NEW YORK — Many in New York City communities have been challenging authorities due to what appears to be a disparity in enforcement of social distance. The argument has been that law enforcement have been strict against blacks and hispanics, while failing to do any enforcement towards Jews who persistently challenge social distance regulations to help curve the COVID-19 pandemic. This is more so in the hardest hit area in the nation where an estimated 17,000 people have died due to the coronavirus.
Tuesday night marked the largest gathering in New York City since the beginning of the coronavirus pandemic, with an estimated 2,500 Orthodox Jews crowding the streets of Williamsburg in Brooklyn. The gathering was to mourn the death of a rabbi who died due to the coronavirus.
Of the thousands gathered, it appears that only 12 summons were issued sparking even more outrage due to the appearance of preferential treatment. “If this gathering was in the middle of Black Harlem or Spanish Harlem the headlines would read community beaten and arrested by NYPD due to social gathering… Jews get a free pass..”, Janet James said to news sources in Manhattan.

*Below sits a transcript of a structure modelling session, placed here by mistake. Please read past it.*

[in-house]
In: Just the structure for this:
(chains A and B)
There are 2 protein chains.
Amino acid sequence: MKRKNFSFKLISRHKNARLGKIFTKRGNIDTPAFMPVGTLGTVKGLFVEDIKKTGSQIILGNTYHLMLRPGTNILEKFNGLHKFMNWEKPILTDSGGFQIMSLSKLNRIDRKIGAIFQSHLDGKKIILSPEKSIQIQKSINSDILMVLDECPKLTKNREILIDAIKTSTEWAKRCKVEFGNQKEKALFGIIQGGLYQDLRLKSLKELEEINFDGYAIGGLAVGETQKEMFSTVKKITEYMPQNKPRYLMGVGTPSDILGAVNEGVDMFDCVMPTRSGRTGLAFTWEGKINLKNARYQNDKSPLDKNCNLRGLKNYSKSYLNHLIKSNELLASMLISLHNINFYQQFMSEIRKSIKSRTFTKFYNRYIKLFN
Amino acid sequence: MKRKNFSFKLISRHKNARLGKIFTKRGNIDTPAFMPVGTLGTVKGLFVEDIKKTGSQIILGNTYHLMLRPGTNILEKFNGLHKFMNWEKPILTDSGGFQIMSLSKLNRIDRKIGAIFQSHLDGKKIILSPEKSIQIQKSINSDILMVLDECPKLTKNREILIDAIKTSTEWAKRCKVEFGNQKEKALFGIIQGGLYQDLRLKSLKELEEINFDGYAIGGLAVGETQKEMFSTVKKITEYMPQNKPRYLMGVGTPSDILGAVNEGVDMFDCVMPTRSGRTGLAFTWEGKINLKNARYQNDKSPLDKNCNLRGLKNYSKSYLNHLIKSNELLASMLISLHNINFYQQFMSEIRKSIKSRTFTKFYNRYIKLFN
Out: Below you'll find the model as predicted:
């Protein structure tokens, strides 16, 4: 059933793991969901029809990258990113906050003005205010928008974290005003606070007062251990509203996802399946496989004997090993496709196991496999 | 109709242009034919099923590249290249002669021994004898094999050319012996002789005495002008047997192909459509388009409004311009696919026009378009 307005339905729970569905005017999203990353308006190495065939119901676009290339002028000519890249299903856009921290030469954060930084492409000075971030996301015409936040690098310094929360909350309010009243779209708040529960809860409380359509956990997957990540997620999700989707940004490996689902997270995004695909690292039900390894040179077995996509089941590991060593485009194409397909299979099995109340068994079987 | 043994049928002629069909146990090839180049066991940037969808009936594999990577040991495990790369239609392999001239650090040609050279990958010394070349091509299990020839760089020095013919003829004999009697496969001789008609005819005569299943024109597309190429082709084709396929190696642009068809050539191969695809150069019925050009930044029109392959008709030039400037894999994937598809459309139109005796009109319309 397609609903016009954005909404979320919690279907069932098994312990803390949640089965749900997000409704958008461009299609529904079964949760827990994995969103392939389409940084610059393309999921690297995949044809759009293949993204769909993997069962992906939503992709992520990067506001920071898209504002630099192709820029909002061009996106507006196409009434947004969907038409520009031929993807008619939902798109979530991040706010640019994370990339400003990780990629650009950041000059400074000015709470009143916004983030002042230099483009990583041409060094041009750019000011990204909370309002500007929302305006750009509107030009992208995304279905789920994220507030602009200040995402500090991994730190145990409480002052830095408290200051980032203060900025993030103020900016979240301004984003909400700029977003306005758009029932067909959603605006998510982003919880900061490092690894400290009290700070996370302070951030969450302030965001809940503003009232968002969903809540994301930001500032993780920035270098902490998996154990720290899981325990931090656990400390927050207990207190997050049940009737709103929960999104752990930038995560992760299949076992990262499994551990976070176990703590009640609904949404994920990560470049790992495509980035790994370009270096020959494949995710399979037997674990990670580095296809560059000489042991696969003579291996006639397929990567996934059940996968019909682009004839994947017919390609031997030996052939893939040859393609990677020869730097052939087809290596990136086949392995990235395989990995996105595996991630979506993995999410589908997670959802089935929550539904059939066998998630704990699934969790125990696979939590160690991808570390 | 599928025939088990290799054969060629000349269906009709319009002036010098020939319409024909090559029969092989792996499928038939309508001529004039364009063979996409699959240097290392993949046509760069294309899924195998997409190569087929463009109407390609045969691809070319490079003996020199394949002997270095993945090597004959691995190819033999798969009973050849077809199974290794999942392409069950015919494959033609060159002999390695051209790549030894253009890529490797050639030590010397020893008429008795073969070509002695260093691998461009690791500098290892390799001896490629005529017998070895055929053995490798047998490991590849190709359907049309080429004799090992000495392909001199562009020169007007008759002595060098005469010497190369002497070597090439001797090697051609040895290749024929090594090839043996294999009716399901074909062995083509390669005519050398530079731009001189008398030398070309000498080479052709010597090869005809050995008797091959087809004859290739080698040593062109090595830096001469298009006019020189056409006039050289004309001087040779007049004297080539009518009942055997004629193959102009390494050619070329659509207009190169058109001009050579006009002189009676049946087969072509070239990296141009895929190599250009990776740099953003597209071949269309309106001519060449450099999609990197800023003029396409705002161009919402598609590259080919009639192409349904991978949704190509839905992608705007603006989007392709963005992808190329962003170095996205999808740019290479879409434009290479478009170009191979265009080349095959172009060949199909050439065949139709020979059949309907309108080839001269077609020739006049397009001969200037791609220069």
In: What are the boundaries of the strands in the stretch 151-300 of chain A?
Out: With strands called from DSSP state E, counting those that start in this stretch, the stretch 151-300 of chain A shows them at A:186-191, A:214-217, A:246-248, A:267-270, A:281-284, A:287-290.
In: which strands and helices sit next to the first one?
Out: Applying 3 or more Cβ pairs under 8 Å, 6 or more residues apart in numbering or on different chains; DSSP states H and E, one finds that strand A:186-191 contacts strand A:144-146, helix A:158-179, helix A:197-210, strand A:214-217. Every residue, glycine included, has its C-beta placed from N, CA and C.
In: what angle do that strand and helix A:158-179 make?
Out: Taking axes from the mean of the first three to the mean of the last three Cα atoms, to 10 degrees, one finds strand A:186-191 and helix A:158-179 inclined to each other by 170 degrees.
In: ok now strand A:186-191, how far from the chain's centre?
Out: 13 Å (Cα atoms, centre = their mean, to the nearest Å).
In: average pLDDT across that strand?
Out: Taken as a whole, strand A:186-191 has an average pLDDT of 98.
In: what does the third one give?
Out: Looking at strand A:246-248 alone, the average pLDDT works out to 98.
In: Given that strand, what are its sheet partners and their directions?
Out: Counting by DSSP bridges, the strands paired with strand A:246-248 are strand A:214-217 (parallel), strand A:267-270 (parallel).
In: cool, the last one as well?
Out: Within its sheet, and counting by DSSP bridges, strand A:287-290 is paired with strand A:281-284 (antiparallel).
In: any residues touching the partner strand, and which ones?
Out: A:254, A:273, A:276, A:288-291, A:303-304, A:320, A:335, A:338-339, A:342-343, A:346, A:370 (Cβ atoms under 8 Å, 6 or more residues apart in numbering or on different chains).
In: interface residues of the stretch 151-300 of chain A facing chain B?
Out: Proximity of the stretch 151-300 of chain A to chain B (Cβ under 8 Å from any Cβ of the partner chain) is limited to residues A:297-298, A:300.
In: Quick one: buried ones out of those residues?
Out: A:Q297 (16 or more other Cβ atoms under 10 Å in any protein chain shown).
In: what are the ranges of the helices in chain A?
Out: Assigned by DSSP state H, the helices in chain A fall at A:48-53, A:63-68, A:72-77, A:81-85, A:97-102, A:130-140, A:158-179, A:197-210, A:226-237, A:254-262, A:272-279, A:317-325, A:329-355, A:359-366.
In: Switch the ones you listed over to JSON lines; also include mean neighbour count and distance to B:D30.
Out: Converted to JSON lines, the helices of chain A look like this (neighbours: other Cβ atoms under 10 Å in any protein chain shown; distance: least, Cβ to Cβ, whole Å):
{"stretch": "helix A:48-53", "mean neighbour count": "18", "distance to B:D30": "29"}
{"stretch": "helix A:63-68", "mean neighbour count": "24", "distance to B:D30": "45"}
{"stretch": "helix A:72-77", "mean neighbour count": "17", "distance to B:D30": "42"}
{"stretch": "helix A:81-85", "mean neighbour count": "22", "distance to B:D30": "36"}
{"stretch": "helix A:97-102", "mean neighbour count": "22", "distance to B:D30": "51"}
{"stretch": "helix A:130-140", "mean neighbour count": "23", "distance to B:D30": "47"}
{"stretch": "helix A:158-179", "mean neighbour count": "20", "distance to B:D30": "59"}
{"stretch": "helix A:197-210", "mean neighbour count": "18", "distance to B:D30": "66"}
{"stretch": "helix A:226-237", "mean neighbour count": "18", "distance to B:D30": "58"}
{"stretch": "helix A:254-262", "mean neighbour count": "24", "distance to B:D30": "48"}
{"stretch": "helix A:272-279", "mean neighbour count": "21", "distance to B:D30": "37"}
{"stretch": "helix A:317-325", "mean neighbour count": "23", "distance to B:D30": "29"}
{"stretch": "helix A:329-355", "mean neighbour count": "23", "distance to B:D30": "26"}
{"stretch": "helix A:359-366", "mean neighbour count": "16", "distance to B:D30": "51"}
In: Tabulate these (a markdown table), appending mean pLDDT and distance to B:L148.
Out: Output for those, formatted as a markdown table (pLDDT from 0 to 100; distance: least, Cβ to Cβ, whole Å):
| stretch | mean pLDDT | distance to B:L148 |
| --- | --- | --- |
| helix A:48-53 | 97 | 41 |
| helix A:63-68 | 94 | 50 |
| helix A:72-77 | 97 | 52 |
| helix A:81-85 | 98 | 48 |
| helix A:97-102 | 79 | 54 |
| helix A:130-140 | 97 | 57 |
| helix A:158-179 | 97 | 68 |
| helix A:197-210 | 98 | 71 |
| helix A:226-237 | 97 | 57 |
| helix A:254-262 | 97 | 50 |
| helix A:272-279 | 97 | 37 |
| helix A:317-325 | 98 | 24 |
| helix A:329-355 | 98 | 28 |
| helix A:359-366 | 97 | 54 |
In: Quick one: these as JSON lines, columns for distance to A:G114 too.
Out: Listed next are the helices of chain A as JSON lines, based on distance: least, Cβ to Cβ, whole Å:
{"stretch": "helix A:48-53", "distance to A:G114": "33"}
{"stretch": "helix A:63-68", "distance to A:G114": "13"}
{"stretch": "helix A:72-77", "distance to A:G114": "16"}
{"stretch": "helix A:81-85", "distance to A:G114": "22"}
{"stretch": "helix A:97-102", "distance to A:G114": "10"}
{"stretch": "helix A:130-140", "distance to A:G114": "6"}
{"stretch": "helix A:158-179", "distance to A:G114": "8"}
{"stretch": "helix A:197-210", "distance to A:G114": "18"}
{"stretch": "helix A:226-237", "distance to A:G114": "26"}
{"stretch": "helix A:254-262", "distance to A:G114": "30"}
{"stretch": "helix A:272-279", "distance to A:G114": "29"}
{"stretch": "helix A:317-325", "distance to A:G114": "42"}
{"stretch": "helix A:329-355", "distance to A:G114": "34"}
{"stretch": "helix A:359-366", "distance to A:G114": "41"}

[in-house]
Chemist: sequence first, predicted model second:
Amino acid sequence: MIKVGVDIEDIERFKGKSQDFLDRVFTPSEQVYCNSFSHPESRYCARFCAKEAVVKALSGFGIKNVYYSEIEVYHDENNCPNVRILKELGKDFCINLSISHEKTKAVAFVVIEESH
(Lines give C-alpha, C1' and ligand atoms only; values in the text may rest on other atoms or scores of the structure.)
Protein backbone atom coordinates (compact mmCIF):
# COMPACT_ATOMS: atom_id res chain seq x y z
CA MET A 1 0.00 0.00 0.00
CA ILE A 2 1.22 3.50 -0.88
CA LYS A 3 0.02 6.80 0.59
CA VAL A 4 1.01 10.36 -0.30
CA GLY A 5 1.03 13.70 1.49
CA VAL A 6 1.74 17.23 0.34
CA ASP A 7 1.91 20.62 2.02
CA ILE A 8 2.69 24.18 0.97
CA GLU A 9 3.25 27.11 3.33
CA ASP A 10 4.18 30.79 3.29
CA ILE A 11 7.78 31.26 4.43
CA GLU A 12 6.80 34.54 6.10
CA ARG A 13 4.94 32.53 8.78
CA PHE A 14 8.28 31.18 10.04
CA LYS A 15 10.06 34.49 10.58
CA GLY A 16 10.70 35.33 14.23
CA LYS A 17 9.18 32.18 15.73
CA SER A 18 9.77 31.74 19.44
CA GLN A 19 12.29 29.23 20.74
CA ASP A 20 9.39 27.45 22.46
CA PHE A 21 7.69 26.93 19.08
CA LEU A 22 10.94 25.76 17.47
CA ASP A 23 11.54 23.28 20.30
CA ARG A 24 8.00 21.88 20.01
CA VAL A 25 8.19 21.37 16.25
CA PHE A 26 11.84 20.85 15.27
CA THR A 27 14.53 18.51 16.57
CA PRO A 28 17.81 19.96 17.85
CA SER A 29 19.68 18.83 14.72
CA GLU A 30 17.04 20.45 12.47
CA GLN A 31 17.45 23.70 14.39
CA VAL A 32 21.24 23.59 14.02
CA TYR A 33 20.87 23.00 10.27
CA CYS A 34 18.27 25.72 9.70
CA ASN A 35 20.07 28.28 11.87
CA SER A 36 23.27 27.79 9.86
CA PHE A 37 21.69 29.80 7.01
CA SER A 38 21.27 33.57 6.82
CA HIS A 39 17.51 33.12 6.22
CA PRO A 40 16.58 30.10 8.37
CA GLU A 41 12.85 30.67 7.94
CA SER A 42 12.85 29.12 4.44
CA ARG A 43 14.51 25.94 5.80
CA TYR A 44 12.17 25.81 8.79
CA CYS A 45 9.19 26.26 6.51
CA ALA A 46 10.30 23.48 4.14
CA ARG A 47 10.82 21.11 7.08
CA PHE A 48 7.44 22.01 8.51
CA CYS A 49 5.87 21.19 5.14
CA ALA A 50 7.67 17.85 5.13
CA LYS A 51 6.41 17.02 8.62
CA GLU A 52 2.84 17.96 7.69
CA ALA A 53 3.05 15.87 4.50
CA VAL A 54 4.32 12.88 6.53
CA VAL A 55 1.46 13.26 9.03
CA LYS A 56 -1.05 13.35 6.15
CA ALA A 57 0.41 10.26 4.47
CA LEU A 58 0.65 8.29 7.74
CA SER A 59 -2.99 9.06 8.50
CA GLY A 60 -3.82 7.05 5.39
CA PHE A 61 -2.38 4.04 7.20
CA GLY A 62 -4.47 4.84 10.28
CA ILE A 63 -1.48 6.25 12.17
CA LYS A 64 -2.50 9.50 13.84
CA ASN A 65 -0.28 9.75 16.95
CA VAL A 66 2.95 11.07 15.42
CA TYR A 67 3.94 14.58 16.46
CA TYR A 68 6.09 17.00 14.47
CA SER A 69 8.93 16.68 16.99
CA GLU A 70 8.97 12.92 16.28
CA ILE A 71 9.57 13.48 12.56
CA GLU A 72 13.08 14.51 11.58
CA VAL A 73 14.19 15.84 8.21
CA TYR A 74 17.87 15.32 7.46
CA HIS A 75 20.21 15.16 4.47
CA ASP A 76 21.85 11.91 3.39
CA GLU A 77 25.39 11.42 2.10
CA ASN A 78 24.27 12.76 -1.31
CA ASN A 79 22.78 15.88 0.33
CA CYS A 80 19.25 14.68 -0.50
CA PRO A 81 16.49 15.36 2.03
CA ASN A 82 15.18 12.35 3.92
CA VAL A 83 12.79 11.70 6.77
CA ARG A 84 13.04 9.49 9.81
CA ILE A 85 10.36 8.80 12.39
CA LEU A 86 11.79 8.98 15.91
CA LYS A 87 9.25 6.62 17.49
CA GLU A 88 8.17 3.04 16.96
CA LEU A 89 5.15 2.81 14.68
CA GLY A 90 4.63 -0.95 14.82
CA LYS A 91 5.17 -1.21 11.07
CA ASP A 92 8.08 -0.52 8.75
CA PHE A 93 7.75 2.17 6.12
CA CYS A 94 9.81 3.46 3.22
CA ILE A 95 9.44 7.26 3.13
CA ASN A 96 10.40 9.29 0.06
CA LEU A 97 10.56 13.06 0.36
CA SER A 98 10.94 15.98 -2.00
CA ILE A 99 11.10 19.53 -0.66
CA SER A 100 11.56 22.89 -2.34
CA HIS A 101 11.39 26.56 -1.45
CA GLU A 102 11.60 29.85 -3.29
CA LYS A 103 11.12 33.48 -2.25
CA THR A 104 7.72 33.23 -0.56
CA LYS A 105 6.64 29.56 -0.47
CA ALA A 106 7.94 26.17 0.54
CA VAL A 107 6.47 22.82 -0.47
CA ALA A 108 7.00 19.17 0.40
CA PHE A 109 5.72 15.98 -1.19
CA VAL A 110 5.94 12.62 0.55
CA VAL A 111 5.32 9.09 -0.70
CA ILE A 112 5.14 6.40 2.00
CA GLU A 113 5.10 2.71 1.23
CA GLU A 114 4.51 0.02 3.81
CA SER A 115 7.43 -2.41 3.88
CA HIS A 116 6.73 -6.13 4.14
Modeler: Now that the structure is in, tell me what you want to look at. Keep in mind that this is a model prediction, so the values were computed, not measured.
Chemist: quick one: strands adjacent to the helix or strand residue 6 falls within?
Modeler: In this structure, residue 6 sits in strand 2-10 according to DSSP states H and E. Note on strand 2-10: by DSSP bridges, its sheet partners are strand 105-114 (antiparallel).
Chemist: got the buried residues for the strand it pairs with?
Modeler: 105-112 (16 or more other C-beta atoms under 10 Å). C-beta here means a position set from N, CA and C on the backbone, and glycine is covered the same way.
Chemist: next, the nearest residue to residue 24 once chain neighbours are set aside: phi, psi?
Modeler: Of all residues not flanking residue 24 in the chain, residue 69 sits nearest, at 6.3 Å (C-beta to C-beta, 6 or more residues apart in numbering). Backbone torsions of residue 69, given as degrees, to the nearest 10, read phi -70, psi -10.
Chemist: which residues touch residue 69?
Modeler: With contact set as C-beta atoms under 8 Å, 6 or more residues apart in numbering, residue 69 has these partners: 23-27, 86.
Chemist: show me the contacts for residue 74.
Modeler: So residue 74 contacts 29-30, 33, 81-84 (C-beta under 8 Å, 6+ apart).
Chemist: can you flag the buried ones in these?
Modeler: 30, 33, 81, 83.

Unfortunately, and although by far the largest, this is not the first time large gatherings have taken place by Jews and not just in New York City, but also in other areas of the state. Leaving many to wonder if their are double standards on law enforcement handling Jews in comparison to the rest of the population, and what many believe is blatant preferential treatment and relaxed rules for Jews in New York.
Yesterday, for the first the time Mayor De Blasio showed faces in claiming that social distance regulations applies to everyone equally and Jews are not the exception. Some Jewish leaders are calling the mayor out and demanding that De Blasio apologize for asking them public to do their part in helping society reduce the pandemic, and reminding them that summons and arrest could be a consequence for their actions if they continue to place themselves, first responders and the public endanger. “They feel it is offensive to call out Jews, despite demonstrations that show they have little regard for public health”, said Karl Smith from the Harlem area in Manhattan.
Not all Jews are complicit in disobeying social distancing, and it appears to be mostly concentrated with members of Orthodox Jews’ in the population.